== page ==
Ascitic fluid leak is the most common complication of paracentesis.1,9 Leaks can be minimised by only making a small skin nick or avoiding this entirely, using a small diameter catheter (≤ 8 Fr) and an oblique catheter insertion technique. Persistent leakage usually indicates significant residual ascites which can be treated by repeat paracentesis. Otherwise, a skin suture can be considered.1 Pressure dressings should be avoided as they rapidly soak and can damage the skin.1

Patients with cirrhosis require intravenous albumin infusion (8 g albumin/L drained) after drainage of 5000 mL of ascites, to avoid post paracentesis circulatory dysfunction. For example, 40 g albumin should be infused if 5000 mL ascites is drained.1,2,3 This is equivalent to two 100 mL bottles of 20% salt poor albumin. Limiting paracentesis to ≤ 8000 mL in a single session over 4 hours before drain removal may reduce post paracentesis circulatory dysfunction and infection.1 Patients with malignant ascites do not require routine albumin replacement and can be drained to dryness over 8 hours, often as a day case procedure.14 We do not recommend longer drainage times, as these increase protein losses and the risk of secondary infection.

Depending on the cause of the ascites, the patient will need referral to the appropriate specialist for further care.1,2,3 Patients with cirrhosis and refractory ascites can be considered for transjugular intrahepatic portosystemic shunt insertion or liver transplantation in specialised units.1,2,3 Patients with refractory malignant ascites can be considered for tunnelled drain insertion, with quality‐of‐life benefits and cost savings over repeated paracentesis.15 However, the role of tunnelled drains for refractory ascites in patients with advanced cirrhosis is unclear and should be decided on a case by case basis after multidisciplinary team discussion.15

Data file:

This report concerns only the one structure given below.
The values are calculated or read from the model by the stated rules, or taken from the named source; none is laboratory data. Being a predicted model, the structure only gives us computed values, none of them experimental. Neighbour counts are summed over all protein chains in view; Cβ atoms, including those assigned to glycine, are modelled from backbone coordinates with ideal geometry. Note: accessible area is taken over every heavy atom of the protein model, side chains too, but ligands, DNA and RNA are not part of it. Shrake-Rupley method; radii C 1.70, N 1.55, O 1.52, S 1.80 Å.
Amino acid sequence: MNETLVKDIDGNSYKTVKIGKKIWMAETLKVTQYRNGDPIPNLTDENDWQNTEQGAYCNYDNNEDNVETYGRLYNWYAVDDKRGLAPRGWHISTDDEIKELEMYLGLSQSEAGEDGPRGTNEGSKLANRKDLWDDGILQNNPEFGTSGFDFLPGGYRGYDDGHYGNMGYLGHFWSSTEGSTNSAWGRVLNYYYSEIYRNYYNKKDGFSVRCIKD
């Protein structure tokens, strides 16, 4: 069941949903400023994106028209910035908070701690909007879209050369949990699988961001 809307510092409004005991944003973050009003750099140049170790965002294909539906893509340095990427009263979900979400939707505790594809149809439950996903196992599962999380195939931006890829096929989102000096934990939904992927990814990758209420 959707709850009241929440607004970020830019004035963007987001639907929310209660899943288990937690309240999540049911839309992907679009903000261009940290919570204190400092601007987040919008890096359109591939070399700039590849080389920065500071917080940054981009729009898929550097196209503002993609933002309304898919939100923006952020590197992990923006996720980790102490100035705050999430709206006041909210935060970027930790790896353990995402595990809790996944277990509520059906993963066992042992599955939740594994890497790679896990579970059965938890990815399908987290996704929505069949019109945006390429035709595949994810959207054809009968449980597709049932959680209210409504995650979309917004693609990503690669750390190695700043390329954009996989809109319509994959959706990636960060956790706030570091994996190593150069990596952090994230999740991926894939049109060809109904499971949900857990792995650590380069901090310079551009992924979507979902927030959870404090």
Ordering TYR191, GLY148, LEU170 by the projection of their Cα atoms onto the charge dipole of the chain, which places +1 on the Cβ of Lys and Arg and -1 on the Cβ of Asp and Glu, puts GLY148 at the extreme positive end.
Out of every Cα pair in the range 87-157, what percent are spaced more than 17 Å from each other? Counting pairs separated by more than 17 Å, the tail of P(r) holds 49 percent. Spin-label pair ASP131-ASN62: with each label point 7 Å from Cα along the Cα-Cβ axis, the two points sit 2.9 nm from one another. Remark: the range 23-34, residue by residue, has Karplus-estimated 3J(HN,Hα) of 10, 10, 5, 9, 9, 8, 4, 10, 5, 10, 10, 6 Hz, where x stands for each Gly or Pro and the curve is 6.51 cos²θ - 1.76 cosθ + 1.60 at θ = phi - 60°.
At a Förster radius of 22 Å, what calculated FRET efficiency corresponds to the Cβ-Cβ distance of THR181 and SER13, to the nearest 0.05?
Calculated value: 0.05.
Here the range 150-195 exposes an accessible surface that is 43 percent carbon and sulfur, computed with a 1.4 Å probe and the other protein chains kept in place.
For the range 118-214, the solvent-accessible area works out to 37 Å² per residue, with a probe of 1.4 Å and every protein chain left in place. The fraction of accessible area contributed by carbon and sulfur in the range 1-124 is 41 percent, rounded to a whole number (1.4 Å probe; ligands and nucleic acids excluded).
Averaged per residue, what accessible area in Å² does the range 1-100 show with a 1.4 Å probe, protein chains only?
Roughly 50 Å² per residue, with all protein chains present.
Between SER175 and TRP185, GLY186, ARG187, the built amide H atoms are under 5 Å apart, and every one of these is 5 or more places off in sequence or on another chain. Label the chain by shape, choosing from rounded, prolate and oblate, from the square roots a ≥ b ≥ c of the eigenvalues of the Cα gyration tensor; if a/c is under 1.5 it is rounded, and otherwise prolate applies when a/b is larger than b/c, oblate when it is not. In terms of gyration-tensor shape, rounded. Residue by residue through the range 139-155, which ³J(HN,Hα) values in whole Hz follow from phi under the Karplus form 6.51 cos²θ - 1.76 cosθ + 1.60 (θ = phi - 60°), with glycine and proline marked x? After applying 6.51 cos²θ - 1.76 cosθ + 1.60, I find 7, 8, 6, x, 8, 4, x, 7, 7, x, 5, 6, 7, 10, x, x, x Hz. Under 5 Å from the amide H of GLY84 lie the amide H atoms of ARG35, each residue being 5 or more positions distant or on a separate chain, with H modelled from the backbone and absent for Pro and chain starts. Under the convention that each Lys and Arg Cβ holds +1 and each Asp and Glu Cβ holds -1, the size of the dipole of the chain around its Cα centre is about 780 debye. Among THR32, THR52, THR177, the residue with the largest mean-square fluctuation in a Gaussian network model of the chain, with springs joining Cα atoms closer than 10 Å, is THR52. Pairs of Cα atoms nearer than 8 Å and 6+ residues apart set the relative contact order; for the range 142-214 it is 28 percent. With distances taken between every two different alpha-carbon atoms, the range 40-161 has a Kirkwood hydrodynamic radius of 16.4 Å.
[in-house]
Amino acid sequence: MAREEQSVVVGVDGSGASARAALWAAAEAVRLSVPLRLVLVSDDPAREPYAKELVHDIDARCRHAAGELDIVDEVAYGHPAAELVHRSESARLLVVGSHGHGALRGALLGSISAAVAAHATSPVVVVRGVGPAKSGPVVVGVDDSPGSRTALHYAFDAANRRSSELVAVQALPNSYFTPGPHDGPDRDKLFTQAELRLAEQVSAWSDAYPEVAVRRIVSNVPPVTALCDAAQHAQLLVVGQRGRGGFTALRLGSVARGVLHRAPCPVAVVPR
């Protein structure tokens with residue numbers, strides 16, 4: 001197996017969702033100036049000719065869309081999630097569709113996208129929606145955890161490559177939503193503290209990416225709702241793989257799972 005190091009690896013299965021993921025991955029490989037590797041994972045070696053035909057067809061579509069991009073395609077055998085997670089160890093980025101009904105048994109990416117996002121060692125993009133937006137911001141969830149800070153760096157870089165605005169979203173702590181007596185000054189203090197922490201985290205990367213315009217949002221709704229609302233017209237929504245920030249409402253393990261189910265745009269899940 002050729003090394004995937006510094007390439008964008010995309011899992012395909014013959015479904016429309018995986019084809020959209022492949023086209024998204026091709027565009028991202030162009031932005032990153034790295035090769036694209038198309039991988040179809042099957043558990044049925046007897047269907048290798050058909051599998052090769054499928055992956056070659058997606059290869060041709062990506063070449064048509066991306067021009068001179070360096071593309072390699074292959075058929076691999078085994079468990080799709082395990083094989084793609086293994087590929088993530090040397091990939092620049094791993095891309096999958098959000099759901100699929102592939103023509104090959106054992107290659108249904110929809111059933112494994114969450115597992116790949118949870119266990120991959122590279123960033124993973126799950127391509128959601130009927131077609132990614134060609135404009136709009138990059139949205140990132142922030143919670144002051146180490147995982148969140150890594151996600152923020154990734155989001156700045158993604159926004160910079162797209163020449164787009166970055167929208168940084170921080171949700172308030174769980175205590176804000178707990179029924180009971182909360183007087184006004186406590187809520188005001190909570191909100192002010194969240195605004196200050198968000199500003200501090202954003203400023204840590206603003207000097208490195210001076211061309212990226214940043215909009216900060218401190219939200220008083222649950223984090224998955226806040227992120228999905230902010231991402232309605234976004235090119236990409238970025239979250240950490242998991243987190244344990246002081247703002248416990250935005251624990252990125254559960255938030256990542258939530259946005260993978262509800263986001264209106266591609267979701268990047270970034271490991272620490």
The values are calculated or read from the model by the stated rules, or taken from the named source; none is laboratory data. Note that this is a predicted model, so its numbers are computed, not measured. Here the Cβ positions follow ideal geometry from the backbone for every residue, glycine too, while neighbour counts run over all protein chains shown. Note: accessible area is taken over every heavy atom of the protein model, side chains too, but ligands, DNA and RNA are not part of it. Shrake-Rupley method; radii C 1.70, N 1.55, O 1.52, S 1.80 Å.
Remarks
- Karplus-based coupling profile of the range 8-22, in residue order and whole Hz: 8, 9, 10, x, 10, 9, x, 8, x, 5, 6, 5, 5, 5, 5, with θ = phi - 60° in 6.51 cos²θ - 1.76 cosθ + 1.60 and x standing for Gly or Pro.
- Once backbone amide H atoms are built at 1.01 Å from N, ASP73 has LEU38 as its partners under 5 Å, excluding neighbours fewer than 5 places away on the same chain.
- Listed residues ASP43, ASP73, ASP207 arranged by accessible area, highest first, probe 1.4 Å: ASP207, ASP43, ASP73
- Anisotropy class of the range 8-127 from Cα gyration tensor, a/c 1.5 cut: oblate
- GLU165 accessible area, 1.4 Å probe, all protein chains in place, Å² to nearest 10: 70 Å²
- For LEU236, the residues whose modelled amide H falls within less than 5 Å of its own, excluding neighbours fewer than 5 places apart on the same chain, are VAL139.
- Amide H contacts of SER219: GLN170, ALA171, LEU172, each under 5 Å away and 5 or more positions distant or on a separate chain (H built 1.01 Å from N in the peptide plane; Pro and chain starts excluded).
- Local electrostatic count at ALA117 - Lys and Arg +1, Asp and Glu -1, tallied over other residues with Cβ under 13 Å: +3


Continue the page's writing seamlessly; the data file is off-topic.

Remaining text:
Box 1 – International Ascites Club grading of ascites2,3




Mild: only detectable on ultrasound


Moderate: causing symmetrical abdominal distension


Large: causing marked abdominal distension


Box 2 – Tests to request on ascitic fluid samples*

Test requested

Specimen bottle

First presentation of ascites

Recurrent ascites

Cell count and differential

EDTA (purple) blood tube




Blood culture bottles (≥ 10 mL in each bottle)



Serum albumin‐ascitic gradient

Sterile pot



Protein concentration

Sterile pot



Glucose concentration, lactate dehydrogenase